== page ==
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Once Upon a Time at the Adelphi

Written and directed by Phil Willmott
Union Theatre
(2010)

Production photo

Once Upon A Time at the Adelphi premiered in Liverpool in 2008. A new musical, with shows such as Legally Blonde and Sister Act as its contemporaries, it is unlike these modern musicals with their rock/pop sound. Once Upon A Time at the Adelphi is more suited to sit alongside shows such as Carousel and Oklahoma. Taking his inspiration from the musicals of the 50s and 60s, writer and director Phil Willmott pays homage to these shows with a nostalgic production that doesn't feel dated.

Like the shows that Willmott is so keen to pay tribute to, Once Upon a Time at the Adelphi is a simple yet tragic love story. Set in the early 1930s at the Adelphi Hotel in Liverpool - or rather, it is initially set in present day, but as hotel worker Jo (Rebecca Hutchinson) happens upon a mysterious stranger she is transported back to the former glory days of the Adelphi Hotel to follow the love story of Alice and Thompson and meets many of the other colourful inhabitants along her way.

Once Upon a Time at the Adelphi is an ambitious production with a cast of twenty in the less than huge space at the Union Theatre. Big dance numbers, reminiscent of shows such as Anything Goes, manage to fill the space without making it feel cramped and it is, in fact, moments like this when the show is at its best. Individually the performances aren't great. Rebecca Hutchinson as Jo acts her socks off with an abundance of facial expressions without ever truly just letting herself be present in the scene, whilst Jon-Paul Hevey as Thompson, although charismatic, sadly doesn't have the singing voice to match.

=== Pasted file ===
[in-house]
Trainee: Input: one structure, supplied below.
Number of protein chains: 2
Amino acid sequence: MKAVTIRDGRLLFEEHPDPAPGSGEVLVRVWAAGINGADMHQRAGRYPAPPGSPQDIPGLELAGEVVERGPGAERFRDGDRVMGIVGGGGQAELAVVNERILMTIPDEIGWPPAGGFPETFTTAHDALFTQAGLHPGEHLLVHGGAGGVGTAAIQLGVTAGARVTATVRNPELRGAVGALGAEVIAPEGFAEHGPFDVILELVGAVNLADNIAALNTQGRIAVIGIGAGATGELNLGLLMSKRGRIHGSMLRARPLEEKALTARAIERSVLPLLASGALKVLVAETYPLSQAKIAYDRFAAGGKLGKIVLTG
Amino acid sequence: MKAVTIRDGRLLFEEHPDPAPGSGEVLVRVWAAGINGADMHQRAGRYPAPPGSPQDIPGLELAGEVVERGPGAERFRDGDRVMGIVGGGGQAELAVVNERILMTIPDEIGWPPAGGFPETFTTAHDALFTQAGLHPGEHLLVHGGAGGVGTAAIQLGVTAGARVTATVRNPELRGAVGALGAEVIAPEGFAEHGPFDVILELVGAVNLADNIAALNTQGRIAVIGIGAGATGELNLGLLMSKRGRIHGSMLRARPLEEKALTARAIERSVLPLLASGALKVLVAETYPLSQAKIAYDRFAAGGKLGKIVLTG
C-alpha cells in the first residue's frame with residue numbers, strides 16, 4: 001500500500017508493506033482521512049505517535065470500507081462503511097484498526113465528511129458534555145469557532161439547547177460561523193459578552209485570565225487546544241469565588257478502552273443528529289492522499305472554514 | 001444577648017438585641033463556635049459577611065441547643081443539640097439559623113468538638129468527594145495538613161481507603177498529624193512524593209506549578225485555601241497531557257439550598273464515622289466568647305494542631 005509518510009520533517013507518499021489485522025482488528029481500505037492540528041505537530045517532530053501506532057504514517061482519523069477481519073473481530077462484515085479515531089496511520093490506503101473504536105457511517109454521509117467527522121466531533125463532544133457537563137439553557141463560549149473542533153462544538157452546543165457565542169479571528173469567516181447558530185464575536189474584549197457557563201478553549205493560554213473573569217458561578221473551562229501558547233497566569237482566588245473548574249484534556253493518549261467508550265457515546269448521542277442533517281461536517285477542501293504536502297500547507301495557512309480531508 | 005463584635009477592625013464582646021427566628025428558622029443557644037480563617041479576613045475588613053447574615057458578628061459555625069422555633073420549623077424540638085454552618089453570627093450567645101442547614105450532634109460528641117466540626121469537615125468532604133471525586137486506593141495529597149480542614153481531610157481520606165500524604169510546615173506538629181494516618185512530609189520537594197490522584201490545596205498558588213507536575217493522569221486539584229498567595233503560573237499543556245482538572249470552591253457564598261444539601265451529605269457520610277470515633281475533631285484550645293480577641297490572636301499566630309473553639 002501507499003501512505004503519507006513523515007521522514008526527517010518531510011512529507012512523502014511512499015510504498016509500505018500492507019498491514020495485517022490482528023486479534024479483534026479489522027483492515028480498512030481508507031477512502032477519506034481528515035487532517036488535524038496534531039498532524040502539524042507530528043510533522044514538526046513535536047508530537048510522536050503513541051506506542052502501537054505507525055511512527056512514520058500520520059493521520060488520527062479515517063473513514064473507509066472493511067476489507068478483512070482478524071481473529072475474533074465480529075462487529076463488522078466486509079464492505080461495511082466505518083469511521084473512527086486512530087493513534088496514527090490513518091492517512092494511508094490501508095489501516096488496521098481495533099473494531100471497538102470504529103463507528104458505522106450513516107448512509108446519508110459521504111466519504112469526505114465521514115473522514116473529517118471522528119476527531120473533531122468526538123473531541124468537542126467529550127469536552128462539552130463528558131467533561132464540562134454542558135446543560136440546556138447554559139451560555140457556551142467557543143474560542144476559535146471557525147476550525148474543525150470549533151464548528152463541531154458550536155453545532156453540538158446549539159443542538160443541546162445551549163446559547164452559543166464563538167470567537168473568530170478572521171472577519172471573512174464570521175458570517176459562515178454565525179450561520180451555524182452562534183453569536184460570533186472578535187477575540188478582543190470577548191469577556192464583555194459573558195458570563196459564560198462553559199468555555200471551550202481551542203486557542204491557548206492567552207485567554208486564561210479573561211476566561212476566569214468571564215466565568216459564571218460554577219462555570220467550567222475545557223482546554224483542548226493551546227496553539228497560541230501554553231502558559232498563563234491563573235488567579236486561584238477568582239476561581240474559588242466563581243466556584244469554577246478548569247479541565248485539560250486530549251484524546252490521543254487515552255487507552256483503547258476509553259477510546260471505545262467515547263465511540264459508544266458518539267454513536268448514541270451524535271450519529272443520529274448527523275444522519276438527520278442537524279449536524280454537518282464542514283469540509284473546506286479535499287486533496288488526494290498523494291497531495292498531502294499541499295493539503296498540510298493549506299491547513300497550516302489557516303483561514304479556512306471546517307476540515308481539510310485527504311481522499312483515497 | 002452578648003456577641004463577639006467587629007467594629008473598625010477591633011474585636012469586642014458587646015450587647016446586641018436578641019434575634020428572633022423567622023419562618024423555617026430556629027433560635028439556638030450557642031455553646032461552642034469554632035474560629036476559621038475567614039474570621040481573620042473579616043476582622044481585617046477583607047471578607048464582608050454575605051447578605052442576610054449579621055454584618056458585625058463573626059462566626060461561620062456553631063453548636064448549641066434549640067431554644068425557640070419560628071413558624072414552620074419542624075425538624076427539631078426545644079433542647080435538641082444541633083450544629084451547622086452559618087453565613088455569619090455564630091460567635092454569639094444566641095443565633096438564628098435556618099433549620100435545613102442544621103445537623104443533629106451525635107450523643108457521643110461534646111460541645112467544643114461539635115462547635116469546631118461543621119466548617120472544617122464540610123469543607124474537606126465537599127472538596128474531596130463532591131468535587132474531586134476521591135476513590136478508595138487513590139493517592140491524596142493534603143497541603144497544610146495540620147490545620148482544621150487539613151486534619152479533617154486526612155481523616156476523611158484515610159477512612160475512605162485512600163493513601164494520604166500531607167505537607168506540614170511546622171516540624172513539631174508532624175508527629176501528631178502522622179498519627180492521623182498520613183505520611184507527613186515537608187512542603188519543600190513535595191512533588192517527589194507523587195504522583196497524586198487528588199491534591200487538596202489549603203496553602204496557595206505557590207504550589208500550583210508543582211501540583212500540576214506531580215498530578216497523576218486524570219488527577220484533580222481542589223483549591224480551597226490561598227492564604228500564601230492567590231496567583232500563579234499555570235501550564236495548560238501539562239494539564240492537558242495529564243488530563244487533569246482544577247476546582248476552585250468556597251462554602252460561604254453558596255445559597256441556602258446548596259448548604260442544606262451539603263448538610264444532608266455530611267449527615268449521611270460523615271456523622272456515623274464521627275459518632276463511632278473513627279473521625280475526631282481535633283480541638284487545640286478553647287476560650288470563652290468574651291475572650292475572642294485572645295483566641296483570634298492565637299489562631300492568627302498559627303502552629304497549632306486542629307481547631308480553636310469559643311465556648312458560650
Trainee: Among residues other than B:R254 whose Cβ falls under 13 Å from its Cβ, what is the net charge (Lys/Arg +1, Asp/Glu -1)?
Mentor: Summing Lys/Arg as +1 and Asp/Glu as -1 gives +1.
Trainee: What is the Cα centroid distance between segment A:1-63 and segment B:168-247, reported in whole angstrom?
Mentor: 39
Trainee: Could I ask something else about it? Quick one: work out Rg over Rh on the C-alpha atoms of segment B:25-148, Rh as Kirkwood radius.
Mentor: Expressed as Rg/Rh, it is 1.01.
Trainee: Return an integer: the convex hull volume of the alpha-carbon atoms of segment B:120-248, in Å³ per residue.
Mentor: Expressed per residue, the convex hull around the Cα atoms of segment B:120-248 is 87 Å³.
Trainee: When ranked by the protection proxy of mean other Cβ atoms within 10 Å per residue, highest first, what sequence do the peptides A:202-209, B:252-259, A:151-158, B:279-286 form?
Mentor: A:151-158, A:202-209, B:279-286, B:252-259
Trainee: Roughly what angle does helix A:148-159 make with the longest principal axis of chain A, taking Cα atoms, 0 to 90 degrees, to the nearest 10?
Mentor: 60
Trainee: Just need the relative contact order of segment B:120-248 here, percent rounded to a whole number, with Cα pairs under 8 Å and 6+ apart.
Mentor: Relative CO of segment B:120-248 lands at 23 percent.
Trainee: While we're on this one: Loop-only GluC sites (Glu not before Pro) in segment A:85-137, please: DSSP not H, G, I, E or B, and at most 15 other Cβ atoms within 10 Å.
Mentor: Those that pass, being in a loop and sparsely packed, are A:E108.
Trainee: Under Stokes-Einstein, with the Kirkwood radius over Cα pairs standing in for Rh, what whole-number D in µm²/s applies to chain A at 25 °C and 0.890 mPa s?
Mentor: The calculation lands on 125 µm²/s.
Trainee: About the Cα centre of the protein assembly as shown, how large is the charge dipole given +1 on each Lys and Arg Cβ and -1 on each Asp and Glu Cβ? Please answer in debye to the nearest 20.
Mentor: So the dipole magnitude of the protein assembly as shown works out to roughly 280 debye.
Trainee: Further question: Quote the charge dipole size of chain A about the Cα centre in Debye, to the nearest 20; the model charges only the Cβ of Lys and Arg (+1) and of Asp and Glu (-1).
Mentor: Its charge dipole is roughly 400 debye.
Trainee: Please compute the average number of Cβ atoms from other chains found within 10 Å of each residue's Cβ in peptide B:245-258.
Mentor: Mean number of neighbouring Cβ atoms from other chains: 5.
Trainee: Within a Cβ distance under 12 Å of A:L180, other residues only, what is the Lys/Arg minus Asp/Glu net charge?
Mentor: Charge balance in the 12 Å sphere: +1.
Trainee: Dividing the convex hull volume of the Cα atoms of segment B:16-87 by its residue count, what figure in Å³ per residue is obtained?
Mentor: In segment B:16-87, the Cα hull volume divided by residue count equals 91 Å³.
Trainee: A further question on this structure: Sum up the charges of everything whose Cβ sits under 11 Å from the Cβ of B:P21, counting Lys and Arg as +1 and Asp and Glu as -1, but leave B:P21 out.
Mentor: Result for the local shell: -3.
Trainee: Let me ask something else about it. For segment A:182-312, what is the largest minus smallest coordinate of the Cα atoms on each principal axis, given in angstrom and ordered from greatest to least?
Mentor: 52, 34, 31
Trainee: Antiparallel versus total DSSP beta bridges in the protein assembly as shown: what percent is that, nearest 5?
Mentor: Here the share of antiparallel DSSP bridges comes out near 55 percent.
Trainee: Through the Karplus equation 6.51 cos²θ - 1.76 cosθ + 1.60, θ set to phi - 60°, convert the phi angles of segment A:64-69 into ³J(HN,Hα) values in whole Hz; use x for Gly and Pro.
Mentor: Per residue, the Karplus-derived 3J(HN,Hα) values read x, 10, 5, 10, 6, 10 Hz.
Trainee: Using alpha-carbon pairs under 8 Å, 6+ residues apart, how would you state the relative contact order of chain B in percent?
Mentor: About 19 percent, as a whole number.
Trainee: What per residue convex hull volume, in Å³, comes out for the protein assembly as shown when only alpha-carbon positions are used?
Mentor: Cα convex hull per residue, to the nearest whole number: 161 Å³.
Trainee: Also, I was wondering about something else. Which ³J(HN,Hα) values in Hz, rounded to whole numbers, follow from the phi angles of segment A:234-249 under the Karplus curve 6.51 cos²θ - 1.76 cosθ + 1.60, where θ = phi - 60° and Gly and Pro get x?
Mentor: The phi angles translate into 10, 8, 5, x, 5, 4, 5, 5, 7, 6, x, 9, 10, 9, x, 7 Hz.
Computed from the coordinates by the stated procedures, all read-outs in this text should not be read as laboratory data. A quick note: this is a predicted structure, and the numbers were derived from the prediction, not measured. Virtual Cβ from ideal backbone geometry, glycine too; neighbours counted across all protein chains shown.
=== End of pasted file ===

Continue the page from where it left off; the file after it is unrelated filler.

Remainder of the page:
However, when the cast come together, Elliot Davis' musical arrangements and Andrew Wright's choreography are very impressive and certainly hold their own against their big budget rivals playing in town.

With some stand out tunes that you'll definitely be humming the next day - "Musical Hollywood Show Tune" to name one - Once Upon a Time at the Adelphi has many of the ingredients of a fine musical. However in the current climate, if transferred into the West End, I doubt it would withstand the fierce competition from the afore mentioned musicals. These shows are not only popular for their modern appeal but actually because they are very good and whilst it is a delightful nod to those musicals that paved the way, it doesn't bring anything new to the table. When in town in 2007 at the Novello, Drowsy Chaperone put a wonderful twist on those classic shows with its hilarious yet heart warming production. Of course there is nothing wrong with Once Upon a Time at the Adelphi simply assimilating the formula of the much loved classics, but you may just want to catch one of the originals instead.

Playing until March 23rd

Reviewer: Rachel Sheridan